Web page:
23 4.4 Psychosocial interventions The psychosocial intervention field and its sub-interventions should be used by both prescribing and non-prescribing services. They should be used to report structured psychosocial interventions delivered alone, as well as psychosocial interventions integrated with or additional to a pharmacological modality/intervention. Recovery support interventions that are integral to or provided alongside a pharmacological intervention and/or psychosocial interventions should also be recorded using recovery support intervention codes (4.5). Psychosocial subintervention Motivational interventions Contingency management Family and social network interventions Cognitive and behavioural based relapse prevention interventions (substance misuse focused) Definition Motivational interventions aim to help service users resolve ambivalence for change, and increase intrinsic motivation for change and self-efficacy through a semi-directive style and may involve normative feedback on problems and progress. They may be focused on substance specific changes and/or on building recovery capital. Motivational interventions can be delivered in groups or one-to-one and may involve the use of mapping tools. Motivational interventions require competences over and above those required for keyworking, and delivery within a clinical governance framework that includes appropriate supervision. Motivational interviewing and motivational enhancement therapy are both forms of motivational interventions. Contingency management (CM) provides a system of reinforcement or incentives designed to motivate behaviour change and/or facilitate recovery. CM aims to make target behaviours (such as drug use) less attractive and alternative behaviours (such as abstinence) more attractive. CM requires competences over and above those required for keyworking, and delivery within a clinical governance framework that includes appropriate supervision. Family and social network interventions engage one or more of the client s social network members who agree to support the client s treatment and recovery. The interventions use psychosocial techniques that aim to increase family and social network support for change, and decrease family and social support for continuing drug and/or alcohol use. These interventions may involve the use of mapping tools. They require competences over and above those required for keyworking, and delivery within a clinical governance framework that includes appropriate supervision. Examples: social behaviour and network therapy (SBNT), community reinforcement approach (CRA), behavioural couples therapy (BCT) & formal family therapy. Cognitive and behavioural based relapse prevention interventions develop the service user s abilities to recognise, avoid or cope with thoughts, feelings and situations that are triggers to substance use. They include a focus on coping with stress, boredom and relationship issues and the prevention of relapse through specific skills, e.g. drug refusal, craving management. They can be delivered in groups or one-to-one and may involve the use of mapping tools. They require competences over and above those required for keyworking, and delivery within a clinical governance framework that includes appropriate supervision. Examples: CBT based relapse prevention (which may include mindfulness and third wave CBT), behavioural self control (alcohol). Page 23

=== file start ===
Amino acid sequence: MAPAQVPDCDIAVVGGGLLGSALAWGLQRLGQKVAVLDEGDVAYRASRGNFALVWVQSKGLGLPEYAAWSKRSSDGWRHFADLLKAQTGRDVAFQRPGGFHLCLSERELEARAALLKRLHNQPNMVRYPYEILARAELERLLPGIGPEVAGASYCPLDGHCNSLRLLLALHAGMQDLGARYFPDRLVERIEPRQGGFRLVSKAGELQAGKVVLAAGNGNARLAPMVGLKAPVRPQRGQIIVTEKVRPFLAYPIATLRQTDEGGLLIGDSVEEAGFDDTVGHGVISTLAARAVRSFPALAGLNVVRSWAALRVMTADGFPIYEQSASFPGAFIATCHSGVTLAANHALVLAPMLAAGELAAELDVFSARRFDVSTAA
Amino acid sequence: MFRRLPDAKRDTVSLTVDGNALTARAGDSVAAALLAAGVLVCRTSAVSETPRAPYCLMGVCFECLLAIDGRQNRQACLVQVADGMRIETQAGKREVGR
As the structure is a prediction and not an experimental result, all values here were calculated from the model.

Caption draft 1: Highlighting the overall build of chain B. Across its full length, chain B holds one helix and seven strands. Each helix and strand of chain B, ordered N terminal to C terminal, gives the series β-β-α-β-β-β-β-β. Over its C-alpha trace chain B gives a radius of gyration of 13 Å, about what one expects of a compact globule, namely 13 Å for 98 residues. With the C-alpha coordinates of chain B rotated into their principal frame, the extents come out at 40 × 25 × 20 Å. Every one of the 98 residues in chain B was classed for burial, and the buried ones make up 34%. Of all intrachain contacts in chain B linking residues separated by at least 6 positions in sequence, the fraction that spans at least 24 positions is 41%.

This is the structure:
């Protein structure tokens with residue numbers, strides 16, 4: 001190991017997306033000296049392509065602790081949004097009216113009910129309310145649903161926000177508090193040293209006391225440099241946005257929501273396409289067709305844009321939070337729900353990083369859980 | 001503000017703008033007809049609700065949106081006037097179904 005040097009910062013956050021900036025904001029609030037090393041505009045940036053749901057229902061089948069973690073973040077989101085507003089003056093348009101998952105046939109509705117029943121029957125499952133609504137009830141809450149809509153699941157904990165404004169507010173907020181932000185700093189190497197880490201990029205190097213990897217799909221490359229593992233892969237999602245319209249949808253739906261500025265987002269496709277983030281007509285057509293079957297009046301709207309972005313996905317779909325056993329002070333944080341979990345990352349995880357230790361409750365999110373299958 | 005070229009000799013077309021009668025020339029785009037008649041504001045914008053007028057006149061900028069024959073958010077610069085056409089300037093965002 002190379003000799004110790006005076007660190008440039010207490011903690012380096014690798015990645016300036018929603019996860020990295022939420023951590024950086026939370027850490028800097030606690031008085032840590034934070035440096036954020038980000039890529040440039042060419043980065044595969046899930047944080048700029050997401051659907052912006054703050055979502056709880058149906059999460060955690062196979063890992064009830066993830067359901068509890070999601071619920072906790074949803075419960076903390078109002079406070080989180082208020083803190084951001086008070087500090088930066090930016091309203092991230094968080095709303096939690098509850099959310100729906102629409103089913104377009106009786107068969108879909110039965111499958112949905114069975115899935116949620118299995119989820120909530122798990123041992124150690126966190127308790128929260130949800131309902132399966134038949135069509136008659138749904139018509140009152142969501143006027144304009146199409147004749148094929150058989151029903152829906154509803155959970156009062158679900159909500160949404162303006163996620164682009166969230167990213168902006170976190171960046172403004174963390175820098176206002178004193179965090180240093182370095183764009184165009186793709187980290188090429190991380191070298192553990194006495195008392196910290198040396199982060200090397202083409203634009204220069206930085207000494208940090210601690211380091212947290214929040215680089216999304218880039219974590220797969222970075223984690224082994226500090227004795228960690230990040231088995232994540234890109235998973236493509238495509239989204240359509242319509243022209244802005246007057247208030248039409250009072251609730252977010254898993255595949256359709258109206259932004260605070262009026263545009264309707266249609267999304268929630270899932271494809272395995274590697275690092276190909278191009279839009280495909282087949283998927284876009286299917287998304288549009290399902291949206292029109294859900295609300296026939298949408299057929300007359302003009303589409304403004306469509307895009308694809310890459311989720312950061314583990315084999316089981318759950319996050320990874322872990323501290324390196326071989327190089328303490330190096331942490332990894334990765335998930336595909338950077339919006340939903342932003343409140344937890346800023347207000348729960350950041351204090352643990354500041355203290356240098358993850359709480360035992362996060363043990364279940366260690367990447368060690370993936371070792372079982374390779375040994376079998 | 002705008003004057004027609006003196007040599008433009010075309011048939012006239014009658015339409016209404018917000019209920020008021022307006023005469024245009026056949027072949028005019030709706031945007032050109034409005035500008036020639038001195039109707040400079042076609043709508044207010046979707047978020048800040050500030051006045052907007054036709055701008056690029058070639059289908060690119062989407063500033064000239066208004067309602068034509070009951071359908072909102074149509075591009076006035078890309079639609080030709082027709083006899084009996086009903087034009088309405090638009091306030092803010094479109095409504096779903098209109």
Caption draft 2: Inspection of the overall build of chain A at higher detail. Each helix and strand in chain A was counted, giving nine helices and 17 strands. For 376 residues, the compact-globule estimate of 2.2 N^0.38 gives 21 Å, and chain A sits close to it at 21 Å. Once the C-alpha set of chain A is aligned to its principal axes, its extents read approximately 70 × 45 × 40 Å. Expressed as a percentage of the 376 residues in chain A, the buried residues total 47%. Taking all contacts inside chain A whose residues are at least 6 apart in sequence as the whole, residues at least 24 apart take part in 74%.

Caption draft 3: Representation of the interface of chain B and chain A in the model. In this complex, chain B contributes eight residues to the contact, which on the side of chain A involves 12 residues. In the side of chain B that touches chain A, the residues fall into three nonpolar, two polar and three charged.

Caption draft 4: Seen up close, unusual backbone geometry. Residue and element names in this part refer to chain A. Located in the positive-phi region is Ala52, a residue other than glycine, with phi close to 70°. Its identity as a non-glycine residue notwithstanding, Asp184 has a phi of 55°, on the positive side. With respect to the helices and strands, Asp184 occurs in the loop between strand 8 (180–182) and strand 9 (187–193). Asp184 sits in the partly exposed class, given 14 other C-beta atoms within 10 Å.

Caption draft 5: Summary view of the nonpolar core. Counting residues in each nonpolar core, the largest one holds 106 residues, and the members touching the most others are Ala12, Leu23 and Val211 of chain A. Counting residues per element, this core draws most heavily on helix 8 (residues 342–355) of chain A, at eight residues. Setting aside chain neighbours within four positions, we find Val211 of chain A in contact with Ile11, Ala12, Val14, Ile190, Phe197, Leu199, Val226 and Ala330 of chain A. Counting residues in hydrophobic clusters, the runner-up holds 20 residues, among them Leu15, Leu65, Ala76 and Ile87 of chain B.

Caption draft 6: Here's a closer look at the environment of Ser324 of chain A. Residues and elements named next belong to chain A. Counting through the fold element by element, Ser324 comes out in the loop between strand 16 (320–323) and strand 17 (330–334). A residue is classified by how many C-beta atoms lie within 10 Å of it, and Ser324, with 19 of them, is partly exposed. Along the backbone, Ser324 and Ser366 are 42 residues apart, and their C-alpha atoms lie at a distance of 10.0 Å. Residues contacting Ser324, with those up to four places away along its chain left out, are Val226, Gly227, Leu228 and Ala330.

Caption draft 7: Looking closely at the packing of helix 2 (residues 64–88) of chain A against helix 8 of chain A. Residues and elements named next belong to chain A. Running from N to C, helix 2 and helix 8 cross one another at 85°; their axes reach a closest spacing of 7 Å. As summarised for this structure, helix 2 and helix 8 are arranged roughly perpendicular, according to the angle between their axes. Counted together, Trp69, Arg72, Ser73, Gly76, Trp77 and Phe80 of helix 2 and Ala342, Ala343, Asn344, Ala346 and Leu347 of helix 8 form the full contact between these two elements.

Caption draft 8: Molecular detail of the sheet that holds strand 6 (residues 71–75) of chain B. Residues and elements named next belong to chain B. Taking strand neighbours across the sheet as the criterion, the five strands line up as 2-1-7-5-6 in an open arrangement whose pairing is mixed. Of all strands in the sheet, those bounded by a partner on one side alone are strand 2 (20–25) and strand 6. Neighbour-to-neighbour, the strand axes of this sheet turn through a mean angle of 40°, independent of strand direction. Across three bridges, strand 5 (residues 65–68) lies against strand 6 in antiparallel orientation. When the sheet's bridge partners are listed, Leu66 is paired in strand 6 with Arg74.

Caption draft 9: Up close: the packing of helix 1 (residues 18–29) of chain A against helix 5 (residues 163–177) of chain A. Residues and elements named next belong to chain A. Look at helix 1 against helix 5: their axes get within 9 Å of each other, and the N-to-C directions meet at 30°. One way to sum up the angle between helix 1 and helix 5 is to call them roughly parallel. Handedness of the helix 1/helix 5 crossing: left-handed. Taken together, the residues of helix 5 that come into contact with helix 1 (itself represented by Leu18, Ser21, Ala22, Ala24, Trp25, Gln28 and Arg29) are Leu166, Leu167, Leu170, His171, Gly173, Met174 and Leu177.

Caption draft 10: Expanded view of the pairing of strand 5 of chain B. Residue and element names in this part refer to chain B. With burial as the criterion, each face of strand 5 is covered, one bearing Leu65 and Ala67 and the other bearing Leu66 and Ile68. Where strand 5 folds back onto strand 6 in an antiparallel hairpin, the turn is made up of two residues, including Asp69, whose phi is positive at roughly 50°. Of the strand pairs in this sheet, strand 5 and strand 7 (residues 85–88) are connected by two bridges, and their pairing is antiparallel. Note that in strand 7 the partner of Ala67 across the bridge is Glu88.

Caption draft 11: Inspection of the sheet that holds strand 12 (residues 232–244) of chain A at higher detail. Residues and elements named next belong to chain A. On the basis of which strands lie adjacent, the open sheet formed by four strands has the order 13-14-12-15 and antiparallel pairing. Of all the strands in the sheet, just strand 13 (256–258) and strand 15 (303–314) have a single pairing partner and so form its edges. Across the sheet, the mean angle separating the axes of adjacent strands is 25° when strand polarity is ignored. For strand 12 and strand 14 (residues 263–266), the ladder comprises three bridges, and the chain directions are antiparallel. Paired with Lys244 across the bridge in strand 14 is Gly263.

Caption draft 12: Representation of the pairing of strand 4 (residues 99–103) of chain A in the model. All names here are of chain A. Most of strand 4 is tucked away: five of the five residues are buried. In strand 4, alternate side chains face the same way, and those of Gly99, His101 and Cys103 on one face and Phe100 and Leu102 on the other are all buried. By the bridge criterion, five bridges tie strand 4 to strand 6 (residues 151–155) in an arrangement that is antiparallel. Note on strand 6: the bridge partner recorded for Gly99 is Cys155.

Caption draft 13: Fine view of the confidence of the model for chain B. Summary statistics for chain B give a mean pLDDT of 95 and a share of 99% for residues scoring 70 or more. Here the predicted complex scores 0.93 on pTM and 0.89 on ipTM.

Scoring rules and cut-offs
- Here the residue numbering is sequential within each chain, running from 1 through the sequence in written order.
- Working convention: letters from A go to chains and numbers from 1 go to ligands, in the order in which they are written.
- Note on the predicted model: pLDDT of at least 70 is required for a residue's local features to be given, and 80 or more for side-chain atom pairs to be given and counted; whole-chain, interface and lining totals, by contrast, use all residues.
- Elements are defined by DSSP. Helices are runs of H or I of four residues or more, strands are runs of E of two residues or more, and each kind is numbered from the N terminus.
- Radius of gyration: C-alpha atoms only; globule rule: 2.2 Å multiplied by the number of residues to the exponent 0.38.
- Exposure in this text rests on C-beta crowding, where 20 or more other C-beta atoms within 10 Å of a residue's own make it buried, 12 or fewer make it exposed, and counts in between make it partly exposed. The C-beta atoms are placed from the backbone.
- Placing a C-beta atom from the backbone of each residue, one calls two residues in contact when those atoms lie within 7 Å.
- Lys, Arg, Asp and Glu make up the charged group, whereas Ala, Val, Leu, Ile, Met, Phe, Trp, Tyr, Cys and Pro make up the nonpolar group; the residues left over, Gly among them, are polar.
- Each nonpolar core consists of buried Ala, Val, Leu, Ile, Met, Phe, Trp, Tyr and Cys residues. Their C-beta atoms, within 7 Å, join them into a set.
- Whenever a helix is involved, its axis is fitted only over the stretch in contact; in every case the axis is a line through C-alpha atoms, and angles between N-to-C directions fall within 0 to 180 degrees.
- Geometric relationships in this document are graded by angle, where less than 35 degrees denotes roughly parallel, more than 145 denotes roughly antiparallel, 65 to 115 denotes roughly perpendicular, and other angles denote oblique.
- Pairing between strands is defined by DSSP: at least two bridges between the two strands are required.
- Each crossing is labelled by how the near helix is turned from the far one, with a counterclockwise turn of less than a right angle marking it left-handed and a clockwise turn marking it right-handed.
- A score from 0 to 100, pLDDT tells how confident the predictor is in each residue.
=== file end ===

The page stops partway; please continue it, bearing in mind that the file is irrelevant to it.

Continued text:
24 Psychosocial subintervention Evidence-based psychological interventions for coexisting mental health problems Psychodynamic therapy (substance use focused) 12-step work Counselling BACP Accredited Other Definition NICE guidelines for mental health problems generally recommend a stepped care approach. Low intensity psychological intervention for co-existing mental health problems, include guided self-help or brief interventions for less severe common mental health problems. High intensity psychological therapies (such as cognitive behavioural therapy) are recommended for moderate and severe problems. Typically formulationbased and delivered by clinicians with specialist training who are registered with a relevant professional/regulatory body. They can be delivered in groups or one-to-one. Both low and high intensity interventions require additional competences for the worker and delivery within a clinical governance framework that includes appropriate supervision. A type of psychotherapy that draws on psychoanalytic theory to help people understand the developmental origins of emotional distress and behaviours such as substance misuse, by exploring unconscious motives, needs, and defences. Psychodynamic therapy requires additional competences for the worker and delivery within a clinical governance framework that includes appropriate supervision. Therapists should be registered with an appropriate professional/regulatory body. A 12-step intervention for recovery from addiction, compulsion or other behavioural problems. Interventions are delivered within a clinical governance framework that includes appropriate supervision. The aim of 12-step work is to facilitate service users to complete some or all of the 12 steps. A systematic process which gives individuals an opportunity to explore, discover and clarify ways of living more resourcefully, with a greater sense of well-being. This requires additional competences for the worker and delivery within a clinical governance framework that includes appropriate supervision. An intervention based on established psychological models/theories that have an evidence base, and that is undertaken by a worker with the required competences with adequate supervision and clinical governance arrangements This category can only be used where an intervention is not covered by individual, or a combination of, categories above. It is anticipated that use of this category would be relatively uncommon. Page 24